Transient Assay for Promoter Activity of Metallothionein-Like Gene from Oil Palm in Driving Tissue-Specific Expression of Polyhydroxybutyrate and Reporter Genes
Omidvar, Vahid (2006) Transient Assay for Promoter Activity of Metallothionein-Like Gene from Oil Palm in Driving Tissue-Specific Expression of Polyhydroxybutyrate and Reporter Genes. Masters thesis, Universiti Putra Malaysia.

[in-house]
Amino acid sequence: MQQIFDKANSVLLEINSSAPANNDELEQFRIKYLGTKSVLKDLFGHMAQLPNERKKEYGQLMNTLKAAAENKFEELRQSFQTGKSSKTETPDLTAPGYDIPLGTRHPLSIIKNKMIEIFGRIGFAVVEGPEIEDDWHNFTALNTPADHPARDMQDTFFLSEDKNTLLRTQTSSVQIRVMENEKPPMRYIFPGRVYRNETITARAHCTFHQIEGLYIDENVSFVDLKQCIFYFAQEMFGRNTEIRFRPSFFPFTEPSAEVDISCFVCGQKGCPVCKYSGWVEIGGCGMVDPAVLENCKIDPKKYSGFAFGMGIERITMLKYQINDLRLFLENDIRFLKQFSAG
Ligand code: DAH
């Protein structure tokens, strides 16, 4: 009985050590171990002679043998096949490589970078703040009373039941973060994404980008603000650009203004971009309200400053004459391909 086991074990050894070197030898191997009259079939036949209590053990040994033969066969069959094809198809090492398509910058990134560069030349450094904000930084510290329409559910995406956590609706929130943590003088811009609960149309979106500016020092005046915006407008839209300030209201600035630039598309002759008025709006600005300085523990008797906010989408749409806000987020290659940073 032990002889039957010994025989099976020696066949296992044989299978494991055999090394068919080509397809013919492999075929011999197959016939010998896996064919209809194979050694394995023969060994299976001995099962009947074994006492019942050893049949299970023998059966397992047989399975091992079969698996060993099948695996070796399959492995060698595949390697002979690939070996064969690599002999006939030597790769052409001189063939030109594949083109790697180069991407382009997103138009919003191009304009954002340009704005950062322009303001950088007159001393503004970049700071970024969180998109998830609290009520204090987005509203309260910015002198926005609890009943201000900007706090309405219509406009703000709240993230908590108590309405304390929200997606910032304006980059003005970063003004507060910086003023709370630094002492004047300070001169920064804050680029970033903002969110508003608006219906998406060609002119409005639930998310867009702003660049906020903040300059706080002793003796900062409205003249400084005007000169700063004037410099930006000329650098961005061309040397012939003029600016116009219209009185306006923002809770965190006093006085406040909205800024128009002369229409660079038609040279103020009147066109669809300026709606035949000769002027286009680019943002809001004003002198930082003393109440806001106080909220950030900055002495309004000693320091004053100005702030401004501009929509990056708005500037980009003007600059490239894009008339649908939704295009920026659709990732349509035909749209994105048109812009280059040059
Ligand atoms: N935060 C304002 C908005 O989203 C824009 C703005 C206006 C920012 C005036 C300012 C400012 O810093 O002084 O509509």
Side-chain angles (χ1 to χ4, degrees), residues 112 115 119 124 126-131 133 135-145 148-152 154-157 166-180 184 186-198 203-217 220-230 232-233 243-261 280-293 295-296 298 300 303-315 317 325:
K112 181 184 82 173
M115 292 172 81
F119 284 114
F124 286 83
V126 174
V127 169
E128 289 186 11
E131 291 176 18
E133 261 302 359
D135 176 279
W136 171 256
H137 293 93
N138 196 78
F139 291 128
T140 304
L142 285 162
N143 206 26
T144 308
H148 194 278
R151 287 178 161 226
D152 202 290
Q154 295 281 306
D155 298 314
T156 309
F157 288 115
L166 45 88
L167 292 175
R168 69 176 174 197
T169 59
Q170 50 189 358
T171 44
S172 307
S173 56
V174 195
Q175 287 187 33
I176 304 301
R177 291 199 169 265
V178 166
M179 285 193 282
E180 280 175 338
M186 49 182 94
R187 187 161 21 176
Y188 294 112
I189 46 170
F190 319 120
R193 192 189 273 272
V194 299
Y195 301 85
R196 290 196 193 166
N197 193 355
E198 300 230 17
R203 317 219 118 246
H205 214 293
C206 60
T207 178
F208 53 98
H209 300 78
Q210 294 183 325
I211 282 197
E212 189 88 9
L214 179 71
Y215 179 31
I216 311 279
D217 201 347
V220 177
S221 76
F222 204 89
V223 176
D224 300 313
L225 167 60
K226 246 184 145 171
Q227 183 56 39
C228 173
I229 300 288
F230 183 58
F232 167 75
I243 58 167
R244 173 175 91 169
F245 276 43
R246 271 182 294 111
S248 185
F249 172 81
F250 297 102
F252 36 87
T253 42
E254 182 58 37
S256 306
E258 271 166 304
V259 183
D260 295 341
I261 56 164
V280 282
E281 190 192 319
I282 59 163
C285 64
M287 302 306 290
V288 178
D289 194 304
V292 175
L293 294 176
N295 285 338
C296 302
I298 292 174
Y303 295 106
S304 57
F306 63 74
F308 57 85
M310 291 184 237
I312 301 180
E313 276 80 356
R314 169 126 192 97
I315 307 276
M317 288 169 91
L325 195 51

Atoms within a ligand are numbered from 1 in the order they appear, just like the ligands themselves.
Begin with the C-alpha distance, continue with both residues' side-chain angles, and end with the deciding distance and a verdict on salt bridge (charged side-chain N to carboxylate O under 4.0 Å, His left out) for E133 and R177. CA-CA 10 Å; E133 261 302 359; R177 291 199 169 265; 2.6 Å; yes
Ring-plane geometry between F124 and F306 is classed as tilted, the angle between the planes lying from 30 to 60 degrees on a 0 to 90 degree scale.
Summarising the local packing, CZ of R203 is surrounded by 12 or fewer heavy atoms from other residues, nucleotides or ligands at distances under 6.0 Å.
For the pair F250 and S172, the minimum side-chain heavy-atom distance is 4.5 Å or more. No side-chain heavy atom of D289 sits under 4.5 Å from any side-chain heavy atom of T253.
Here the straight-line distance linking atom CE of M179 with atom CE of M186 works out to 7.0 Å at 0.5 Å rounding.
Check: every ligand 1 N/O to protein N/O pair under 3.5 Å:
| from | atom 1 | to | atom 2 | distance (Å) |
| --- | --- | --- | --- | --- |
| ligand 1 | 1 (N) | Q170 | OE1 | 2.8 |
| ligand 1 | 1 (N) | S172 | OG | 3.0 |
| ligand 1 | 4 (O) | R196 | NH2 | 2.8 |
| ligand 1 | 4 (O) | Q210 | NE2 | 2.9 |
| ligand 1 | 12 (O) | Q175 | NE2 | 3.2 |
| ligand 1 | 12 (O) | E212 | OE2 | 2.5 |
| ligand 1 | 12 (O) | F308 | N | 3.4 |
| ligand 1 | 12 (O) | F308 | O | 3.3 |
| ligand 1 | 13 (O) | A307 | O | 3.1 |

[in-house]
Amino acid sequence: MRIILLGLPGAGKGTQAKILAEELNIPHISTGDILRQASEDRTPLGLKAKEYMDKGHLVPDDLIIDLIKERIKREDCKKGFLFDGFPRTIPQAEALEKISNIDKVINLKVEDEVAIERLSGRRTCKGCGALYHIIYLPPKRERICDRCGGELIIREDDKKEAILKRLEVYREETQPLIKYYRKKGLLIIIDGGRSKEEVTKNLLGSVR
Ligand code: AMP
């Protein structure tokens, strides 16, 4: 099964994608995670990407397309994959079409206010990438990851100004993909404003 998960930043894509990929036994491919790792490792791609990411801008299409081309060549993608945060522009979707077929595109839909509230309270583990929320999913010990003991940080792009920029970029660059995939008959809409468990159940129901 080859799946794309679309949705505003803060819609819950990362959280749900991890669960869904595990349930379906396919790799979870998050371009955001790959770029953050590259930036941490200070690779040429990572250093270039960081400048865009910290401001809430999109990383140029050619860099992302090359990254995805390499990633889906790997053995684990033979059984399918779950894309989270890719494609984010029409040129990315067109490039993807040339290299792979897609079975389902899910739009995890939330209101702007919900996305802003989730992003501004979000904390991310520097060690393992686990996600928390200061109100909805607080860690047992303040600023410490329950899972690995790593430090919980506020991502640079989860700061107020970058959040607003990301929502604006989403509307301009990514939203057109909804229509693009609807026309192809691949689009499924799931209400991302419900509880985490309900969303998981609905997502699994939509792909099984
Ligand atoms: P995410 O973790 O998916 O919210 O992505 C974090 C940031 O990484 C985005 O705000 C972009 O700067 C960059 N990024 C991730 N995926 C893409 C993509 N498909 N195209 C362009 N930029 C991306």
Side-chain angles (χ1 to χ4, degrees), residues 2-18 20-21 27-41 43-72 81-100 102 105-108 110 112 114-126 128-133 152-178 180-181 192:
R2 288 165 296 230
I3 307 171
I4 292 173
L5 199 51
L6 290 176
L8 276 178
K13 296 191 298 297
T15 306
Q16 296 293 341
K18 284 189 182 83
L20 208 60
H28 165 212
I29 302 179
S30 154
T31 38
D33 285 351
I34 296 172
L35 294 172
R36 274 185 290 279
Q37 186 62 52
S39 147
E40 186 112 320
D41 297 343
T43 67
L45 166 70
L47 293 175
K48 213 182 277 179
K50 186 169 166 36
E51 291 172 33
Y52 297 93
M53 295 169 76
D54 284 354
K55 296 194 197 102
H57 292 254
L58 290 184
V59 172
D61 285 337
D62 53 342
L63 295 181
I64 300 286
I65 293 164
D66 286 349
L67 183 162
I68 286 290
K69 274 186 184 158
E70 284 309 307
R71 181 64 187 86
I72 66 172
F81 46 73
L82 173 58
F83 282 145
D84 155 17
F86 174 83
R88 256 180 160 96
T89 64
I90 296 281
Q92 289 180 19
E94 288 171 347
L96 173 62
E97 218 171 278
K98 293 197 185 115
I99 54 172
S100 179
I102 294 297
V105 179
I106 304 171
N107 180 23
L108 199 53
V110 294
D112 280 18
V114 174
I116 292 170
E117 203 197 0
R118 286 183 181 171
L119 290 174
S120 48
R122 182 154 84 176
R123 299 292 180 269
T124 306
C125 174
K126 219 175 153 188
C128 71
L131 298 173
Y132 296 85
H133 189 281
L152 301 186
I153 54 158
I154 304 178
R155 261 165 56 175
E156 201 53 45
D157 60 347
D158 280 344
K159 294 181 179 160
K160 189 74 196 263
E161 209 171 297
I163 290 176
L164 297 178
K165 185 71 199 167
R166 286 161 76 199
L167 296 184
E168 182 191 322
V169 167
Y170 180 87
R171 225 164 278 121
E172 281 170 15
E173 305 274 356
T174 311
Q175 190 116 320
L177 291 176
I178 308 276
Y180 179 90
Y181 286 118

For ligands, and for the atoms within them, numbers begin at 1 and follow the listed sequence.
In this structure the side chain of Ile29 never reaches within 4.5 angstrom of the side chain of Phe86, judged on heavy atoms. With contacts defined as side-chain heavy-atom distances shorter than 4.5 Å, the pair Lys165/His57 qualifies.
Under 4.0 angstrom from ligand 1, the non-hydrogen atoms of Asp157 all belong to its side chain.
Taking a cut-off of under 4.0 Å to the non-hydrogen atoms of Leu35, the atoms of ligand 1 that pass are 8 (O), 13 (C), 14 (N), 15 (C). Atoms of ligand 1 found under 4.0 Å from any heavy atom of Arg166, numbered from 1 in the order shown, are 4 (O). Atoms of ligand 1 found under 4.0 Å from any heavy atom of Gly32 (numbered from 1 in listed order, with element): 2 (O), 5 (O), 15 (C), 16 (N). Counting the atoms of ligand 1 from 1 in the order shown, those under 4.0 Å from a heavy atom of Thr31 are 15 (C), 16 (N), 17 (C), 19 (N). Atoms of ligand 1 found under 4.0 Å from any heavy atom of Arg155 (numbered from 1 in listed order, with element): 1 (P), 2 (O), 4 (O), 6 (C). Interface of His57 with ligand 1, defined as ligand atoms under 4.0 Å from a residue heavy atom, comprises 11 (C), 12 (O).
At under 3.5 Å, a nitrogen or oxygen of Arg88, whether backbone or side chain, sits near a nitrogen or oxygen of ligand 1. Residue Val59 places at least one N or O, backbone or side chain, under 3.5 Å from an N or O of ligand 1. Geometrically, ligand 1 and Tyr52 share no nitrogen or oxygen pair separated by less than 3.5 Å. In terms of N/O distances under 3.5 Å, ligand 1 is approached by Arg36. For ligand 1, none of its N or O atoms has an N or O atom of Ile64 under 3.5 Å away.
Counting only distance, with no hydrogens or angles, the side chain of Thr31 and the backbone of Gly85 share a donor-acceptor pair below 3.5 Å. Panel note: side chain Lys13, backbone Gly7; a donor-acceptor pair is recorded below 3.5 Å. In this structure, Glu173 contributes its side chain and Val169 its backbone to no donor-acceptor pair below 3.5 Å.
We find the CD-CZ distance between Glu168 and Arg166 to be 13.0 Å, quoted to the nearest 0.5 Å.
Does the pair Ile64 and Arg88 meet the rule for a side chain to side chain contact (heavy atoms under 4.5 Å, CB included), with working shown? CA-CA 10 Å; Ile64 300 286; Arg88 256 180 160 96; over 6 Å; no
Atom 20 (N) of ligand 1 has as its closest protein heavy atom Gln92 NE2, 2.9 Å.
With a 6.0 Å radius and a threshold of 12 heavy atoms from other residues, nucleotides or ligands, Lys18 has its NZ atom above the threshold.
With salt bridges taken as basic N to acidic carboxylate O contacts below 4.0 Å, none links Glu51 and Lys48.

Polyhydroxybutyrate is the most important type of polyhydroxyalkanoates (PHA), which is naturally synthesized by several microorganisms. Production of PHB in plants is based on the consumption of acetyl-CoA as an initial substrate, therefore oil palm being an oil crop serve as potential target due to its high flux of acetyl-CoA during the oil synthesis stage. In oil palm, mesocarp is the specialized tissue for oil synthesis. Targeting the expression of PHB genes in mesocarp tissue requires the mesocarp-specific regulation of these genes by a mesocarp-specific promoter, since accumulation of PHB in other tissues may have deleterious effects on the plant. Pervious efforts have resulted in isolation of promoter sequence of the oil palm mesocarp-specific metallothionein-like gene (designated MSP1) and preparation of the gene construct carrying PHB genes (pMS29 vector) to drive the specific expression of PHB genes (phbA, phbB, and phbC) in mesocarp tissue. Analysis of the specificity and strength of MSP1 and evaluating the expression pattern of the PHB genes in oil palm mesocarp tissue in a transient expression system will provide insight information prior to the stable transformation and supports time-saving strategy and more targeted and precise use of the technique. In this study, expression of PHB genes under the regulation of MSP1 was evaluated in a biolistic-based transient assay in transiently transformed oil palm mesocarp and leaf (control) tissue slices. Transcriptional and translational analysis of PHB genes was carried out by Reverse-transcriptase PCR (RT-PCR) and western blot techniques. RT-PCR analysis revealed that the engineering of PHB biosynthetic pathway genes under the regulation of MSP1 in transformed mesocarp tissue has resulted in successful transcription of phbA and phbB genes; however the phbC gene failed to produce any transcription product. In addition, RT-PCR analysis in non-transformed (non-bombarded) mesocarp tissues showed that there is no endogenous expression of PHB genes, indicating that the expression of PHB genes in transformed mesocarp tissues is the result of the PHB pathway engineering. Furthermore, no expression level of PHB genes was detected in leaf tissue slices after bombardment. Western blot analysis using polyclonal antibodies specific for phbB and phbC genes in transformed mesocarp tissues confirmed the successful translation of phbB mRNA transcript into protein product, however clearly revealed the failure in translation of phbC gene. Western blot analysis of phbB and phbC gene products in transformed leaf tissues revealed that regulation by MSP1 did not result in translation of these genes. Further analysis in non-transformed tissues showed that phbB and phbC gene products do not exist in mesocarp and leaf tissues prior to the transformation. As a conclusion, although engineering of PHB biosynthetic pathway genes in mesocarp tissue did not result in an entirely functional pathway, it resulted in transcription of phbA and phbB genes and successful translation of phbB gene. This demonstrated that bacterial genes irrespective of their source and functions can be transcribed and translated in plant tissues under the regulation of plant tissue-specific promoters. The tissue-specificity and strength of MSP1 was evaluated via transient reporter assays of GUS and GFP reporter genes in different oil palm tissues, including mesocarp, leaf, and root. The constitutive CaMV35S promoter was used as a reference in all analysis. Histochemical GUS assay showed the expression of GUS driven by MSP1 in transformed mesocarp tissue slices, while no expression of GUS gene was detected in transformed leaf and root tissue slices. Using the CaMV35S promoter, GUS expression was observed strongly in all transformed mesocarp, leaf, and root tissue slices. Quantitative analysis of GFP driven by MSP1 in transformed tissues revealed that GFP was expressed dominantly in mesocarp tissue slices (2.7 times more than it was expressed in leaf, and 86 times more than root), however there was some expression level of GFP directed by MSP1 in transformed leaf and root tissues. Comparative analysis of GFP expression, driven by the CaMV35S and MSP1 promoters showed that the CaMV35S promoter has the stronger activity with the average of 1.4 times more than the activity of MSP1 in transformed mesocarp tissue. This result indicated that although MSP1 is a strong promoter and has a great tendency to up-regulate the gene expression in mesocarp tissue, but the promoter does not behave in a hundred percent tissue-specific manner.
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